By late in the evening, the Marcos government aired a progress report. The government had successfully raided "safe houses", universities, churches--anywhere they suspected communist activists and sympathizers might be hiding. Thousands of people, all over the Philippines, were arrested and sent immediately to trial or torture or swiftly to their deaths.

My mother knew that I had a long and active history with the struggle for civil rights and social justice in the United States, where I had grown up. She also knew that I was not one to just sit idly by and watch as the Marcos fascist machine bore down on the population. She made a decision. I had to leave the Philippines immediately. But all interisland and overseas travel had ceased. She made me promise not to do anything rash or stupid to cause the authorities to take notice of me. I complied with her wishes so as not to place my immediate family in jeopardy.

After one week, Marcos allowed interisland and overseas travel to resume. It was thought that by doing this he would not appear to be a ruthless dictator in the international press. As he lifted the travel ban, he also announced that no one who was "peace-minded," complied with Proclamation 1081 and held foreign passports (provided they did not offer support to the communist insurgency) would be arrested or detained. This was the signal my mother needed. She immediately made travel plans to Manila; there, she would purchase my ticket back to the United States.

Early the following day, I was ready to leave. Packing all through the night, I managed to fit everything I needed in two medium-size suitcases. In the afternoon, we headed for Mactan Airport where my mother and I boarded a plane for Manila.

Arriving two hours later, we were met by my aunt. We stayed there for another two days while my mother arranged for my flight back to the United States. I made several phone calls to friends I had known in the U.S., who had since returned back home. One person, in particular, Luz, arranged to meet me at Manila International Airport. She had a small, inconspicuous envelope she wanted delivered to a mutual friend in San Francisco. I agreed to take it.

Manila International Airport was under construction at the time so it was completely enclosed by cyclone fencing and looked more like an armed camp than an airport. Luz and I met in the main restaurant. We exchanged pleasantries, talked briefly and then she gave me the envelope. My mother didn't want to enter the airport, so she stood outside, waiting for my plane to take off. At last it was ready, and one last search of carry-on baggage was conducted.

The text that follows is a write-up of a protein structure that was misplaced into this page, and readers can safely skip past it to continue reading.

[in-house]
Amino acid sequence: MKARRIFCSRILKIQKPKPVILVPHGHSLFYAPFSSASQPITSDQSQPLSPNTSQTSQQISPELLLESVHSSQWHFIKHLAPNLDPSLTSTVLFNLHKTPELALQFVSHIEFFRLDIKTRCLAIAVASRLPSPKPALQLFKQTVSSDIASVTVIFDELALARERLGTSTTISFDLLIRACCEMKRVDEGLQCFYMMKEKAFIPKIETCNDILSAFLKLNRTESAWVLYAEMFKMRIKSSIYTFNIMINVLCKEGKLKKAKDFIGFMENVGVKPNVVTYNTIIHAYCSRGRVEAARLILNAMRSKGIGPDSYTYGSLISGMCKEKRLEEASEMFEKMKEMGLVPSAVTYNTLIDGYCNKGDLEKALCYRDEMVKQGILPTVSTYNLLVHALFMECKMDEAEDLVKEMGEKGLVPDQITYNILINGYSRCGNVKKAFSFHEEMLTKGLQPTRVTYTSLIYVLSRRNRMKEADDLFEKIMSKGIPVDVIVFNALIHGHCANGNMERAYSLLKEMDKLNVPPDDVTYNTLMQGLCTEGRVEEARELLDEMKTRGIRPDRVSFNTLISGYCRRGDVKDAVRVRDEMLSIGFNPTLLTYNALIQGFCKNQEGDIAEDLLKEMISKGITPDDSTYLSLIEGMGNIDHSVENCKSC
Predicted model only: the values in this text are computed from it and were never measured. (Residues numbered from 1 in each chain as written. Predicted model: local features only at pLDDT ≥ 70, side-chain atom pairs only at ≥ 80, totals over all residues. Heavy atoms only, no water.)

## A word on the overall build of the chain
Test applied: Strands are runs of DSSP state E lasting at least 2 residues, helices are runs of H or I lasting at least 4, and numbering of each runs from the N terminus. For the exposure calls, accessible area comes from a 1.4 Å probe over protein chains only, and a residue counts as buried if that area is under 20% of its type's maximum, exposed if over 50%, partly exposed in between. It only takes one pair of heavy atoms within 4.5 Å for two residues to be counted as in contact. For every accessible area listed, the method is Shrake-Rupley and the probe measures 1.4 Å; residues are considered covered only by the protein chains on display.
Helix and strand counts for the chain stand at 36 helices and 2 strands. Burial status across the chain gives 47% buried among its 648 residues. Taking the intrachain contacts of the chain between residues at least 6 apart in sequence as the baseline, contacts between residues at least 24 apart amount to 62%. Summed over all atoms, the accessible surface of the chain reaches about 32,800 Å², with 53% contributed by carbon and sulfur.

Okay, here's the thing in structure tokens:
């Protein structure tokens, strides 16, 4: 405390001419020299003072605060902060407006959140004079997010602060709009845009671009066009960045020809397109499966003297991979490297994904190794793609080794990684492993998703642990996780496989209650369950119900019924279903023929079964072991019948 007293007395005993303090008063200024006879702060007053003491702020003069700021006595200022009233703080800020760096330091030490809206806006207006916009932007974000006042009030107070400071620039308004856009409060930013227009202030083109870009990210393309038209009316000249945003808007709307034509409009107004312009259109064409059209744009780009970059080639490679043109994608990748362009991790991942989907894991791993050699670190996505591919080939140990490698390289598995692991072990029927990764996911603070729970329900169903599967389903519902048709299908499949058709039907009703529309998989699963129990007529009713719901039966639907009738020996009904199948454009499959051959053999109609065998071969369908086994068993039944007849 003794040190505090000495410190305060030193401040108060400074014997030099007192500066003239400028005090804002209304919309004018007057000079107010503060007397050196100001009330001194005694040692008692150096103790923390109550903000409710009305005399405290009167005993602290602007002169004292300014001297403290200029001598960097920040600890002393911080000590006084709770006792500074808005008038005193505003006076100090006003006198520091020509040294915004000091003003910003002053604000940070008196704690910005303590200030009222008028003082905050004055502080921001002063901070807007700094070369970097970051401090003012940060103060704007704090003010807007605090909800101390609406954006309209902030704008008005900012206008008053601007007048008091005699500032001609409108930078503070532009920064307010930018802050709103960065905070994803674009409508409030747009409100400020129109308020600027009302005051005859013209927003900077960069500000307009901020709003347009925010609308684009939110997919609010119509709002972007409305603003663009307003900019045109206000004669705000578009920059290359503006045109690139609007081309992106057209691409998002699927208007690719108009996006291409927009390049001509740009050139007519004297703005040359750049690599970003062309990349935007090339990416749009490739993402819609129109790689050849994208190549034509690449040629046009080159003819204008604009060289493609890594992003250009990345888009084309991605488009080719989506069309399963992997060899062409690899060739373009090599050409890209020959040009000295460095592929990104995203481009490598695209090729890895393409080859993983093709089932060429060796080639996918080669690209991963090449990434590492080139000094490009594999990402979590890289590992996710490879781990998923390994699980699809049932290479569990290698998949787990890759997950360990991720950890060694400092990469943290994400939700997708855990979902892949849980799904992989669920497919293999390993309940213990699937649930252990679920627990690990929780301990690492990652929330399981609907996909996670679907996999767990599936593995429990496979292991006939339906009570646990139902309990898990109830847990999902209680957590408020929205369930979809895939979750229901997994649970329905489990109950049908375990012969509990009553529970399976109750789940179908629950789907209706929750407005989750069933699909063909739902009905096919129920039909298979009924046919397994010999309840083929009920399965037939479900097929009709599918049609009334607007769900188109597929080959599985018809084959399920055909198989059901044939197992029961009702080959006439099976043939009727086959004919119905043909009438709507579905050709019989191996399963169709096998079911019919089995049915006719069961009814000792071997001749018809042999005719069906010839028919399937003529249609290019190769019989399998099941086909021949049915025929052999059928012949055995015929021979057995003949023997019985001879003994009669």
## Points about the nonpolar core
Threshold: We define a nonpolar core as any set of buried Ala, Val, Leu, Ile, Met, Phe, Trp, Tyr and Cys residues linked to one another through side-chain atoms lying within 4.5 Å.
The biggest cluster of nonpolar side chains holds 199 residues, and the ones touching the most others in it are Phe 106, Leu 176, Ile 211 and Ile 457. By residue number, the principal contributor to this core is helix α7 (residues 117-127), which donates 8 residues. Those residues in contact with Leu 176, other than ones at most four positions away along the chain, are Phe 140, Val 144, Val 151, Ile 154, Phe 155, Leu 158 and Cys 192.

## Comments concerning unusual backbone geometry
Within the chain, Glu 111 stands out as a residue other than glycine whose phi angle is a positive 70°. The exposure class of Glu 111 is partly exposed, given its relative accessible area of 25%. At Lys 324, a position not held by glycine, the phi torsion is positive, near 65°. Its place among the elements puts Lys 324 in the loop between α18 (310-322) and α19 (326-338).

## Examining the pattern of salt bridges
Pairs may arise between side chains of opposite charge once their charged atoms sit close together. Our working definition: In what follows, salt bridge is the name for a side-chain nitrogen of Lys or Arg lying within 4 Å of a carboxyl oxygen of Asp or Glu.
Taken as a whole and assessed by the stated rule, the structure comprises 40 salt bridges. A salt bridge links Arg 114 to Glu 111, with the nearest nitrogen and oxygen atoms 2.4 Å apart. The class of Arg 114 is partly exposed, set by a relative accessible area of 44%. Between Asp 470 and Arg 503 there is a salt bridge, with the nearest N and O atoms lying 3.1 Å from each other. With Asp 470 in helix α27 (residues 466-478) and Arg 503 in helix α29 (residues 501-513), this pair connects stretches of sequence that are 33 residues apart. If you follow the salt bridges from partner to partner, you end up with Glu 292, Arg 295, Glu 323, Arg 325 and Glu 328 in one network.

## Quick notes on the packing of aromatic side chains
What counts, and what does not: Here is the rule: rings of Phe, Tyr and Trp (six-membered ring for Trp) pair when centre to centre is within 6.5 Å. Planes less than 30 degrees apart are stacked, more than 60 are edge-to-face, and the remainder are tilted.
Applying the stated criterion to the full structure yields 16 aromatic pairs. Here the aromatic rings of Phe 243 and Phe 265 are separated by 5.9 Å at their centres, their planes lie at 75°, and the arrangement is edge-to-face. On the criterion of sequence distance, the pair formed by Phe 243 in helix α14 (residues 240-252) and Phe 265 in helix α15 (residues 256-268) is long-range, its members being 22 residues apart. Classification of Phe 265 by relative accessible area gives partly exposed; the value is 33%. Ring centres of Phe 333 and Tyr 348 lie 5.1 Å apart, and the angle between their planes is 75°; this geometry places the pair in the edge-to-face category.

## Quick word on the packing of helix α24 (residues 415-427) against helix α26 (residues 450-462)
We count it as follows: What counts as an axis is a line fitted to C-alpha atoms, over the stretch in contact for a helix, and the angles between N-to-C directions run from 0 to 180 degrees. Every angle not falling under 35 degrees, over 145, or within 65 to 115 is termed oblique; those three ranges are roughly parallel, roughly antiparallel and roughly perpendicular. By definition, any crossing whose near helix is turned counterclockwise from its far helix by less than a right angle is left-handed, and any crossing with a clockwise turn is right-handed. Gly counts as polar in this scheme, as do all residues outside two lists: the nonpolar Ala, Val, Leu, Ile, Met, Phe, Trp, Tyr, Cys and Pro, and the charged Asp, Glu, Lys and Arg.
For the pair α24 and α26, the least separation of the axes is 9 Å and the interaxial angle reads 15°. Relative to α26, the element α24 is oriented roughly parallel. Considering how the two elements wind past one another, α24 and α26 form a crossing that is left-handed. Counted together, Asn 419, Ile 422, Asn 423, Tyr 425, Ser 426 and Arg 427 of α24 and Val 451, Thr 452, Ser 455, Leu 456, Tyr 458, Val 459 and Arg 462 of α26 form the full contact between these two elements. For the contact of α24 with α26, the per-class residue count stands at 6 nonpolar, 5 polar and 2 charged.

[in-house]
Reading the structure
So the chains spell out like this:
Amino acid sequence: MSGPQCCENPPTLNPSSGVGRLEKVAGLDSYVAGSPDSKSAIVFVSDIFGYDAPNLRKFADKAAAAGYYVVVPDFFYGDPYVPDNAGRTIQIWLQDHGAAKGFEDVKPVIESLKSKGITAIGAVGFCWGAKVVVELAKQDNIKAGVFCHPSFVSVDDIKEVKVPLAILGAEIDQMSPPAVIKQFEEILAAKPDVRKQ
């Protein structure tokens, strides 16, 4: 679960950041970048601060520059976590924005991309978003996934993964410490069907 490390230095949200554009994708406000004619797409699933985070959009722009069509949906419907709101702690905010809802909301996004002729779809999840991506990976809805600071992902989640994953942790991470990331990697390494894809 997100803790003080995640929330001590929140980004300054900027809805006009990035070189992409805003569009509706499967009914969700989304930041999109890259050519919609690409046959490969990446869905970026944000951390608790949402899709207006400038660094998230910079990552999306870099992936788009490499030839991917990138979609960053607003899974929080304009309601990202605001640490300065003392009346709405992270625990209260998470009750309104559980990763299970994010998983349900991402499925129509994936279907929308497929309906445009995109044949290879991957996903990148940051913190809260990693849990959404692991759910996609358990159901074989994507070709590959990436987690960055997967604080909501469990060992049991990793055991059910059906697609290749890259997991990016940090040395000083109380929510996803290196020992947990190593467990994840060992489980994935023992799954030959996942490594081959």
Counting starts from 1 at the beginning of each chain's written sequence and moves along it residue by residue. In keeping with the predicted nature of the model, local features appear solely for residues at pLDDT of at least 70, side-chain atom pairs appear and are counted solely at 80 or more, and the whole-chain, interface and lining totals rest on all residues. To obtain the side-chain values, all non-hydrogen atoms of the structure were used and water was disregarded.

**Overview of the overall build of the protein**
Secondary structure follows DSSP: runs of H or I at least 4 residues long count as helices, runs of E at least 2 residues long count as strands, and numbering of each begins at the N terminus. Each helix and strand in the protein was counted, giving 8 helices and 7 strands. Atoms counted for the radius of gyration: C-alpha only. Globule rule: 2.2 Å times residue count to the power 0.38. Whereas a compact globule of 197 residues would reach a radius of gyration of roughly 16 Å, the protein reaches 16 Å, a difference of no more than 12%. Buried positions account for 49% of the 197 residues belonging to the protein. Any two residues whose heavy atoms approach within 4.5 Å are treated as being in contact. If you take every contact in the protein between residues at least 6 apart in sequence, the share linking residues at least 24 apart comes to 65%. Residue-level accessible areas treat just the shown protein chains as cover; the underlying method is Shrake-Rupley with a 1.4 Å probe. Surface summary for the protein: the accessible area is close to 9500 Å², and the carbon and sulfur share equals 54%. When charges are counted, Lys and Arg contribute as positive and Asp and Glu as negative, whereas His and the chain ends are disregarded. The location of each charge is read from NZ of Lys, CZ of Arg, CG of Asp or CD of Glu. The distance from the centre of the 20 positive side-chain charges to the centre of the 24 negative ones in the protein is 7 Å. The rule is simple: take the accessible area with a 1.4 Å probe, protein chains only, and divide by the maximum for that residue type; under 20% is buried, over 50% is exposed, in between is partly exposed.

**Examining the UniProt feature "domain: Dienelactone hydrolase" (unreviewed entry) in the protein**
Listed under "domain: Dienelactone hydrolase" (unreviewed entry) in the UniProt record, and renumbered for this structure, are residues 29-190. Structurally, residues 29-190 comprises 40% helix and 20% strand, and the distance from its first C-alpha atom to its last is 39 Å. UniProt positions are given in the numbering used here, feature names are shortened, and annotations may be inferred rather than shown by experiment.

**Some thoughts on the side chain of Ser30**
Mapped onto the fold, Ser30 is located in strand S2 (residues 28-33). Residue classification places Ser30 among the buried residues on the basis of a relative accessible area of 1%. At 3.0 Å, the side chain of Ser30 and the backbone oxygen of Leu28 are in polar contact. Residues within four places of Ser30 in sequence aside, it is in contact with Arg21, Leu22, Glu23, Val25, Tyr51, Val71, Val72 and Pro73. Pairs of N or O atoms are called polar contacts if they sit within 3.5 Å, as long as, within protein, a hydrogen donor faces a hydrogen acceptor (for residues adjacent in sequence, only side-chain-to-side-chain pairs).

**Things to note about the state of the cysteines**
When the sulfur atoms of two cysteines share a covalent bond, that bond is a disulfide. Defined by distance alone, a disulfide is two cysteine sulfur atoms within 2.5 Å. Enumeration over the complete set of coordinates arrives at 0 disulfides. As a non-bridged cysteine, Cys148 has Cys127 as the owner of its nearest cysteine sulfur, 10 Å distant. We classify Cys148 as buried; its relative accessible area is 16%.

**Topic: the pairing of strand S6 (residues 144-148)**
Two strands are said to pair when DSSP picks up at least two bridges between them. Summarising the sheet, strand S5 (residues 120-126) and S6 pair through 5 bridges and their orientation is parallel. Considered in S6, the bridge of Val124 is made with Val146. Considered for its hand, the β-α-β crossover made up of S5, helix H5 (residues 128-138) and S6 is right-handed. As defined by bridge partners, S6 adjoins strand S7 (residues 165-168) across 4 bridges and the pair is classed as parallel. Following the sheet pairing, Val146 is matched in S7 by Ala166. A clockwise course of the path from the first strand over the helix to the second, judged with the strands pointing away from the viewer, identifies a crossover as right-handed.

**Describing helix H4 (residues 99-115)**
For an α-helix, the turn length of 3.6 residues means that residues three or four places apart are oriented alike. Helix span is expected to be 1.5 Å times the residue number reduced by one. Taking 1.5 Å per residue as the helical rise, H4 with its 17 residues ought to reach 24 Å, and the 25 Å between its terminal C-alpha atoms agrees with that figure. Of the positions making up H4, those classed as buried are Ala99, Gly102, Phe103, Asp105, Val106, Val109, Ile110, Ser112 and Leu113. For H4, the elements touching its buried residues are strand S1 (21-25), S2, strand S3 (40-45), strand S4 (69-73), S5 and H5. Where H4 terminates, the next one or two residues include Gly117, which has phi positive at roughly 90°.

When I got the envelope from Luz, I divided the contents, placing some papers inside the jacket of one of the record albums, the bulkier papers, I placed inside an envelope labeled "flight insurance," which I then placed in my passport folder. I decided to take the bag that contained the record albums on board with me so as not to have them broken or chipped in the general luggage compartment. When it was time for the inspector to check my carry-on luggage, he fumbled around, looking between and inside each album. As he came close to the one that contained the envelope, my heart raced. Sweat had already begun to form on my brow and nape and roll down my back. I knew he would find it. I knew I was going be in trouble.

When he finally reached the record album, he opened it up and found the papers. He took them out and started to read them. Bunched in his hands were newspaper clippings and articles from magazines Luz had managed to cut out the day before martial law was declared. There was also a letter addressed to John and the Kalayaan collective in San Francisco. It was my unfortunate luck that since martial law was declared, the definition of "contraband" had changed and now included any and all pieces of propaganda written against the regime.